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Captain America and the Nationalist Superhero: Metaphors, Narratives, and Geopolitics Paperback – 20 Dec 2012


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Product details

  • Paperback: 242 pages
  • Publisher: Temple University Press,U.S. (20 Dec. 2012)
  • Language: English
  • ISBN-10: 1439909776
  • ISBN-13: 978-1439909775
  • Product Dimensions: 15.2 x 2.3 x 22.9 cm
  • Average Customer Review: 5.0 out of 5 stars  See all reviews (1 customer review)
  • Amazon Bestsellers Rank: 663,941 in Books (See Top 100 in Books)
  • See Complete Table of Contents

More About the Author

Jason Dittmer is Reader in Human Geography at University College London. Originally from Jacksonville Beach, Florida, he first attended Jacksonville University, graduating with a BA in Political Science and International Studies. He then attended Florida State University, graduating with an MA in International Affairs and a PhD in Geography. In 2006 Jason won the Stanley D. Brunn Young Scholar Award, in honor of contributions that have generated new interest and opened up new areas of inquiry for political geographic research, for his research on Captain America and nationalist superheroes. In 2011 Jason won the Richard Morrill Public Outreach Award, for an individual who has used her or his political geographic expertise to affect change (in public thought or public policy) beyond the academy, for his textbook of popular geopolitics, 'Popular Culture, Geopolitics, and Identity'. He has been a visiting fellow at the London School of Economics (2011) and the University of Western Sydney (2012). Jason is a fellow of the Royal Geographical Society (with the Institute of British Geographers) and a member of the Association of American Geographers.

Product Description

Review

"[A] novel and provocative analysis about how the figure of the 'nationalist superhero' reflects, consolidates, and propels the nationalistic metaphors and narratives that are inextricable elements of the modern nation-state and of the modern, self-governing citizen... Dittmer's tome is theoretically informed and sophisticated. It makes a compelling case for the position that the ways that a people entertains itself, its popular culture, are fertile sites for analyses of how that people comes to know itself and others. Summing Up: Highly recommended."--Choice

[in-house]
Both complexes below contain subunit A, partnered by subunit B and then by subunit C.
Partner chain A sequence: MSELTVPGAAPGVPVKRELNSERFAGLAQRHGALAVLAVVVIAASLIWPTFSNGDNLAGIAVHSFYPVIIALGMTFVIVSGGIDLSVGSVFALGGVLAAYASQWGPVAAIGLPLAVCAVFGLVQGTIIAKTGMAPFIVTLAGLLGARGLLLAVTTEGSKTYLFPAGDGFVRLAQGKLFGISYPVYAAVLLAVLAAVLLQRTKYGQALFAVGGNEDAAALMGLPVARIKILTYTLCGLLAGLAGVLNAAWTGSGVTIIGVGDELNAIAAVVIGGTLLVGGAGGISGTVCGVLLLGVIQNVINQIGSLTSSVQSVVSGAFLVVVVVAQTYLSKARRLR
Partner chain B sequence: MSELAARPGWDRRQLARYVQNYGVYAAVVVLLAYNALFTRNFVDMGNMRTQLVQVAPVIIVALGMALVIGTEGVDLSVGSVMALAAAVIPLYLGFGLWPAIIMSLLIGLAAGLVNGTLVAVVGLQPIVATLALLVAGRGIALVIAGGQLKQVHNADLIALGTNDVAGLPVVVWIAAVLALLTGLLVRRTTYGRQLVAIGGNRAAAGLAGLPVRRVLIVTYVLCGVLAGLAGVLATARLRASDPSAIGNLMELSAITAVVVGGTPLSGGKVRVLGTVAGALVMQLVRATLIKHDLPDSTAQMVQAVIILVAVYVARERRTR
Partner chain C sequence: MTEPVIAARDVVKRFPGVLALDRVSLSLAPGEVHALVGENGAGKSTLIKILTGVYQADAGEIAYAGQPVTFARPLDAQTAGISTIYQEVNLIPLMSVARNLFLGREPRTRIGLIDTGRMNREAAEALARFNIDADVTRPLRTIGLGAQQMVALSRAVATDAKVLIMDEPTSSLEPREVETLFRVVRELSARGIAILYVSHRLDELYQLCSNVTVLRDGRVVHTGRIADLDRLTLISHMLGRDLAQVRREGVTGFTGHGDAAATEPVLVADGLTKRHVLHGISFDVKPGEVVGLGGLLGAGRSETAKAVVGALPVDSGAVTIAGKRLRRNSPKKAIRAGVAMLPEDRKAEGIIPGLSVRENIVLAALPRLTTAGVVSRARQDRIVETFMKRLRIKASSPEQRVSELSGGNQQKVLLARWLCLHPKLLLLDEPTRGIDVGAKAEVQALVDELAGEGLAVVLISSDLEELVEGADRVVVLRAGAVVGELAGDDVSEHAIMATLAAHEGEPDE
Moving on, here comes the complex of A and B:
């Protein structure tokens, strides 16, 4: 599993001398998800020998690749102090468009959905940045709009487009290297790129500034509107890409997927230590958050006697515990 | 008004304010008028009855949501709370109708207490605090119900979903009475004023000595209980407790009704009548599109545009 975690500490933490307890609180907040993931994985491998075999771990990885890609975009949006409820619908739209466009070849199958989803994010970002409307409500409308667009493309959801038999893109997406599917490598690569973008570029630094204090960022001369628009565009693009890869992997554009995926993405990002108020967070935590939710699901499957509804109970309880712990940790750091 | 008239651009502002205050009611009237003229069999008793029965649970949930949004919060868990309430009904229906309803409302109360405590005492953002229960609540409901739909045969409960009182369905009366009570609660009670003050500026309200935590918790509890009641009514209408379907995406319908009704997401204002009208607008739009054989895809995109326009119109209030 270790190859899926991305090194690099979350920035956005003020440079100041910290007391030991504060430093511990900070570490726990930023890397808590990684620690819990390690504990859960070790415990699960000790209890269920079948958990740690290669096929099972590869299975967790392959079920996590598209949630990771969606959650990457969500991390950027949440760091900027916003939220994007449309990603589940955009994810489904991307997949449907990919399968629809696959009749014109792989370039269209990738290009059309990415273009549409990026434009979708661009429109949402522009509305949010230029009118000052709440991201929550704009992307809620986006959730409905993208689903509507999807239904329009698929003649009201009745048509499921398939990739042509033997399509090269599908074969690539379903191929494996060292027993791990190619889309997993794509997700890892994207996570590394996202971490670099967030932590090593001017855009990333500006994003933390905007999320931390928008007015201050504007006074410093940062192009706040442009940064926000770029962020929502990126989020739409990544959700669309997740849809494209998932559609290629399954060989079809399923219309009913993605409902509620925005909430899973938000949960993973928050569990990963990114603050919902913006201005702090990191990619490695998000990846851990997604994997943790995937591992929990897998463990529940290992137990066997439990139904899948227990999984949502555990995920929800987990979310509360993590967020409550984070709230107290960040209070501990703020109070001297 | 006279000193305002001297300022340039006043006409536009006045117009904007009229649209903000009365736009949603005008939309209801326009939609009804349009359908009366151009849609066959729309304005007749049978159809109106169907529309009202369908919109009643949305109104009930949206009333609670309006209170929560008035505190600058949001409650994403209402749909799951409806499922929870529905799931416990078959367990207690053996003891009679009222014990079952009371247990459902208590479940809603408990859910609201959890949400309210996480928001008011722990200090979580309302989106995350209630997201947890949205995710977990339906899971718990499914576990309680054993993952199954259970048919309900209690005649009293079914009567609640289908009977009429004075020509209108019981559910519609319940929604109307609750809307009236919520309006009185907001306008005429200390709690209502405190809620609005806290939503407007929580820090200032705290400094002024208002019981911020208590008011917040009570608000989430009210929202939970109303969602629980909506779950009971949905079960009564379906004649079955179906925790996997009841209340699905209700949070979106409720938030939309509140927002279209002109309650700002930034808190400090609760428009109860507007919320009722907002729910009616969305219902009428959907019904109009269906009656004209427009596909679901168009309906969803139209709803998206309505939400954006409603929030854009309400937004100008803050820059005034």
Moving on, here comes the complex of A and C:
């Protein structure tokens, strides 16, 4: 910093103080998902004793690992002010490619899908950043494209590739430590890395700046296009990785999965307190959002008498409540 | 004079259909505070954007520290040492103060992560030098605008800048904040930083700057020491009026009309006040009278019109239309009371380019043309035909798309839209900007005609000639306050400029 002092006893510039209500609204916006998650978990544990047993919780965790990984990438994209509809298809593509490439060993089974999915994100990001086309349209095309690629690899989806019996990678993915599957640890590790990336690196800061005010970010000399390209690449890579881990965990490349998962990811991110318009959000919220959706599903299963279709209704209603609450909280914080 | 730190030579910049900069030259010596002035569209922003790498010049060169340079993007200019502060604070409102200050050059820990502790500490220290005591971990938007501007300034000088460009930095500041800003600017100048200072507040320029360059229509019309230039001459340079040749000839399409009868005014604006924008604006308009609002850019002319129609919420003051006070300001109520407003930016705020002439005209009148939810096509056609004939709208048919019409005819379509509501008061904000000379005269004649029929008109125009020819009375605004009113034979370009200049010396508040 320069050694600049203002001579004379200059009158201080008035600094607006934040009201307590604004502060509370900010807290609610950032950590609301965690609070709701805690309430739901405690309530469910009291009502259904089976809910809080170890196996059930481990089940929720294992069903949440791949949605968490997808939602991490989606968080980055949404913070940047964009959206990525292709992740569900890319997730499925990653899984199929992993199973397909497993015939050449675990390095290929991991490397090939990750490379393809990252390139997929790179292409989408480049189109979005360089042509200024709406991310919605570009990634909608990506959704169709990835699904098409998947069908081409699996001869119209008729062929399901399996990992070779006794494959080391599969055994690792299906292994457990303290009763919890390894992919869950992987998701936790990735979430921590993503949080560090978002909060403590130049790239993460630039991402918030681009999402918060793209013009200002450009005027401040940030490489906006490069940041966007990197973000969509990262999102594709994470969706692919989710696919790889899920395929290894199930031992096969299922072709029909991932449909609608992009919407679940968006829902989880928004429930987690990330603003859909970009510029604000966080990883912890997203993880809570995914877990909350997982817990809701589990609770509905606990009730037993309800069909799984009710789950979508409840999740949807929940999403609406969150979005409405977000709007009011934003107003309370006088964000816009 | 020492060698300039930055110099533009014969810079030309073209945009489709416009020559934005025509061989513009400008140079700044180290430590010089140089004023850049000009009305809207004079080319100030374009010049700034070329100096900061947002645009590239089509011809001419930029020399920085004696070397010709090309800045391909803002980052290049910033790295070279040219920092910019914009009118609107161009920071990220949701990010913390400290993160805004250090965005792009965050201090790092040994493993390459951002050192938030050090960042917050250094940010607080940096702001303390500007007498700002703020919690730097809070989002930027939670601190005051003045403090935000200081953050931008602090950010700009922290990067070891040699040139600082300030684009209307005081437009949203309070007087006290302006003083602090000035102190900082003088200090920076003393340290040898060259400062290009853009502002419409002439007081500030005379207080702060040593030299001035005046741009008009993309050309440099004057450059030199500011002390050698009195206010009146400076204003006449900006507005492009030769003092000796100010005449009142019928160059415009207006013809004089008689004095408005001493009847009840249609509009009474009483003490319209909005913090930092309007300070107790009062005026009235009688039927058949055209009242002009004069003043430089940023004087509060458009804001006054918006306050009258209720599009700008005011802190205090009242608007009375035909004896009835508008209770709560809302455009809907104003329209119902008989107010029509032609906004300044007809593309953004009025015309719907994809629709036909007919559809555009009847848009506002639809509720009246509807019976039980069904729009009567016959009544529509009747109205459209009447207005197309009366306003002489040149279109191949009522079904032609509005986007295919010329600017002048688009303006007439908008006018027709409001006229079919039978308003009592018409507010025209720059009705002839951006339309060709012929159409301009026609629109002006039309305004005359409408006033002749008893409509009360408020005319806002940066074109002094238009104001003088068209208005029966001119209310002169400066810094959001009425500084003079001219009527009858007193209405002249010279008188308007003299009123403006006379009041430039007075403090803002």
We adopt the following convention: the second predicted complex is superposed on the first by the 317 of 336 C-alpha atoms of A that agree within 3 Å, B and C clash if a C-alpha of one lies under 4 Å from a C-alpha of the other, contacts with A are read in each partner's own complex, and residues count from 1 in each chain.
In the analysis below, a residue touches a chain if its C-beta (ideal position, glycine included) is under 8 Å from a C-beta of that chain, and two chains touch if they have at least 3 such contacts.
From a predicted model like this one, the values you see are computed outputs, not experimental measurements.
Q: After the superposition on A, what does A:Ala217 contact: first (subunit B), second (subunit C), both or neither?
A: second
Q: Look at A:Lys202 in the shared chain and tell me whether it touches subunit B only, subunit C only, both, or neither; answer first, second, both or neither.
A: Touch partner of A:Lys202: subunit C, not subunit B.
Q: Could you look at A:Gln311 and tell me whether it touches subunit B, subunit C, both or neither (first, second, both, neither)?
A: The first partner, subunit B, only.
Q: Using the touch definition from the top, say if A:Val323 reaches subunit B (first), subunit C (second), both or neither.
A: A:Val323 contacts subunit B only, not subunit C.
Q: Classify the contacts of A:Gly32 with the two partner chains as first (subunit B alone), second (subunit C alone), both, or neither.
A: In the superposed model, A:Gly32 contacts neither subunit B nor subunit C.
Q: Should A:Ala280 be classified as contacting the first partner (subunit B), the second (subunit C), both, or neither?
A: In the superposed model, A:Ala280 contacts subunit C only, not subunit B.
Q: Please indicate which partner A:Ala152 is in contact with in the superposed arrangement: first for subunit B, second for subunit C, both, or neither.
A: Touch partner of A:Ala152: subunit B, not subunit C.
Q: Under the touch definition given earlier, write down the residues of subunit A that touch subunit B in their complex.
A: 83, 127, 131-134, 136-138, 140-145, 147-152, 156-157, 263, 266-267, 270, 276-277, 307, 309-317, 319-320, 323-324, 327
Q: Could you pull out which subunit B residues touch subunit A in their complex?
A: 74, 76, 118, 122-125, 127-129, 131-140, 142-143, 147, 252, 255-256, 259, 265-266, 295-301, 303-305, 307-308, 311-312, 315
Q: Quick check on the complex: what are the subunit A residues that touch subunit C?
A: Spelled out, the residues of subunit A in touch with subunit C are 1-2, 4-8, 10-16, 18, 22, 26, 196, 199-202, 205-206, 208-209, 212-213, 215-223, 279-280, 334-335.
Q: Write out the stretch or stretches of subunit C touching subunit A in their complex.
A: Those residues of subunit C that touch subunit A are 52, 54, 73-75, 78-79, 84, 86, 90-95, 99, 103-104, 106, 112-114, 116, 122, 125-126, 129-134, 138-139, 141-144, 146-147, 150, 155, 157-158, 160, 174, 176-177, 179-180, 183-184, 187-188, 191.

About the Author

Jason Dittmer is Reader in Human Geography at University College London. He is also author of "Popular Culture, Geopolitics, and Identity "and coeditor (with Tristan Sturm) of "Mapping the End Times: American Evangelical Geopolitics and Apocalyptic Visions."

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Most Helpful Customer Reviews

Format: Kindle Edition Verified Purchase
Jason Dittmer strikes an effective balance between academic and recreational information. A great aid for a film geographies dissertation too!
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Most Helpful Customer Reviews on Amazon.com (beta)

Amazon.com: 2 reviews
1 of 1 people found the following review helpful
and Great Britain. We all know about Captain America 22 Mar. 2015
By Murdoc - Published on Amazon.com
Format: Kindle Edition Verified Purchase